Today, you get to hear from my friend Rachel. I first met Rachel Held Evans on the interwebs back around 2010, when only my grandma read my first blog. We then got the chance to hang out at a conference in SD the following year and have followed along with each other’s journeys ever since. I’m always impressed with her ability to write with such depth and vulnerability.
Well, today, Rachel Held Evans offered up a reflection that comes straight out of her brand new book, Inspired: Slaying Giants, Walking on Water, and Loving the Bible Again. I’m not paid to say this… not even one bit… but, seriously, order this book! If you want to gain some helpful insights on what in the heck we can do with this book we call the Bible as we seek to know and follow Jesus: Inspired will be a great catalyst for conversations with others. Also, I interviewed Rachel about the book for The Paulcast (and yes, we talked about Paul and some other stuff too): it will be available here when it goes live.
The following is an excerpt from Inspired, written by Rachel Held Evans:
I met Jesus at the dinner table. A vast, shaker-style oak, the three-leafed centerpiece of our modest family home had been handmade and special ordered to match a set of eight chairs my mother scored in a bargain at the legendary Woody’s Chair Shop in Spruce Pine, North Carolina. “Woody” chairs are, to this day, constructed using a lathe and mortise machine from the 1800s and are held together without any nails or glue, just the shrinking and expanding of the wood. John F. Kennedy owned a Woody; there’s one on display at the Smithsonian, another at the Metropolitan Museum of Fine Art. For two career educators, that dining set represented quite the splurge—eighty bucks a chair in 1984, according to my mother—so my parents gathered people around it every chance they got, fill- ing their Woodys with hungry college students and friends from church, trimming the table with mismatched flatware and second- hand place mats.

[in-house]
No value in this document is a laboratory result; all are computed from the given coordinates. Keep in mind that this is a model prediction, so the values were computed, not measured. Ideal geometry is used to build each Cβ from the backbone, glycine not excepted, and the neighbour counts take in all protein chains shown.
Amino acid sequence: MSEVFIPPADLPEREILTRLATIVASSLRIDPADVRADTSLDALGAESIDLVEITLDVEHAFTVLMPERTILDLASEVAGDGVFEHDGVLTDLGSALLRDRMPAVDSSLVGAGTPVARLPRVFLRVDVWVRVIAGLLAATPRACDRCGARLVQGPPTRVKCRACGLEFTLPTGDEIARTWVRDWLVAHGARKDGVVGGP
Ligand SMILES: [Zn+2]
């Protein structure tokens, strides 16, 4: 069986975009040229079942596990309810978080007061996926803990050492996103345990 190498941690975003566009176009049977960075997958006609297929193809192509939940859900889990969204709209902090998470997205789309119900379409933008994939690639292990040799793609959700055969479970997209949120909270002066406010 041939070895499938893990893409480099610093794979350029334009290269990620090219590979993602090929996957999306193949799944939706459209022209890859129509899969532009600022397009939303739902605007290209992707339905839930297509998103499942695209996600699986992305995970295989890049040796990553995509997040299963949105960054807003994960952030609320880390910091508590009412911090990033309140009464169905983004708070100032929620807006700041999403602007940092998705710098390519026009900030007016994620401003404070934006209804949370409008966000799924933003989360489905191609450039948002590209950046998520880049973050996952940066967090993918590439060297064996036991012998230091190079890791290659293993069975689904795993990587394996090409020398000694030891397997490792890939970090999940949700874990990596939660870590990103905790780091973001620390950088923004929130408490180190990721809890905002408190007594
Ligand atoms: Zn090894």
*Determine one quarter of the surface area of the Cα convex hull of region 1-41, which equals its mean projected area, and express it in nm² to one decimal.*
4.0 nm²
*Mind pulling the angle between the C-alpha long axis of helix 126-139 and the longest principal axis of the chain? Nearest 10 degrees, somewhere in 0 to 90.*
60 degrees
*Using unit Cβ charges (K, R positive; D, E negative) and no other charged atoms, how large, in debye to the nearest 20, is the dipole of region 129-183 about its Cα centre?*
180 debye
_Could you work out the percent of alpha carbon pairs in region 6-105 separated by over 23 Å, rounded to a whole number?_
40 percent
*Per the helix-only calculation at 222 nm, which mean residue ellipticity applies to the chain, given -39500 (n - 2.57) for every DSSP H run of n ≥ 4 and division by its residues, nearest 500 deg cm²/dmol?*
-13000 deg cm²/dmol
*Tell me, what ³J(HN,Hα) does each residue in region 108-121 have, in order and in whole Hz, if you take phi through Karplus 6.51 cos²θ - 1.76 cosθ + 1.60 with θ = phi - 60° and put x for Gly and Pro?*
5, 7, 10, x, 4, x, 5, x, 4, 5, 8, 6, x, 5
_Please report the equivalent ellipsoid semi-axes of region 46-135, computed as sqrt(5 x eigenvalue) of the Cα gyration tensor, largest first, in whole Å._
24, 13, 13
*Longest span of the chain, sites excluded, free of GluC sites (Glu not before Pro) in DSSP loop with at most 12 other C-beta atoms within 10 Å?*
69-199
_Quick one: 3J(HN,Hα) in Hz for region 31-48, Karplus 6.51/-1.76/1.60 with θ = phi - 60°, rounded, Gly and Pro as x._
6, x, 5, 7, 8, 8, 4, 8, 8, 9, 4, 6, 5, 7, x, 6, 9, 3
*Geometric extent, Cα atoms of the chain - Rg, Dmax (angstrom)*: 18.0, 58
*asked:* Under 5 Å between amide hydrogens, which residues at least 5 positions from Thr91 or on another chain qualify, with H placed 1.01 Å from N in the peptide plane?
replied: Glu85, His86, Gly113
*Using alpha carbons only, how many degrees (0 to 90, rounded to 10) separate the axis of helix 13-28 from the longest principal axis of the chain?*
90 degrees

It was at that table, over a steaming plate of spaghetti or pork chops or some other weekday meal, that I learned to pray, “Jesus, thank you for Mommy and Daddy and Rachel and Amanda, and thank you for this food. Amen.” The first thing I knew about Jesus was that he was responsible for the existence of my parents, my sister, me, and my food. That seemed like good enough news to me.
It’s funny that many of us who identify as “born-again Christians” can hardly remember our born-again experience, if at all. When my youth leader asked me, at age sixteen, to share my testimony at a Wednesday night youth gathering, I strained to conjure a single memory in which I “came to Jesus.” From my first prayers at bedtime, to the picture books and songs that formed my early conceptions of the world, Jesus had always come to me, his presence as certain as dinner on the table and Mr. Rogers at noon.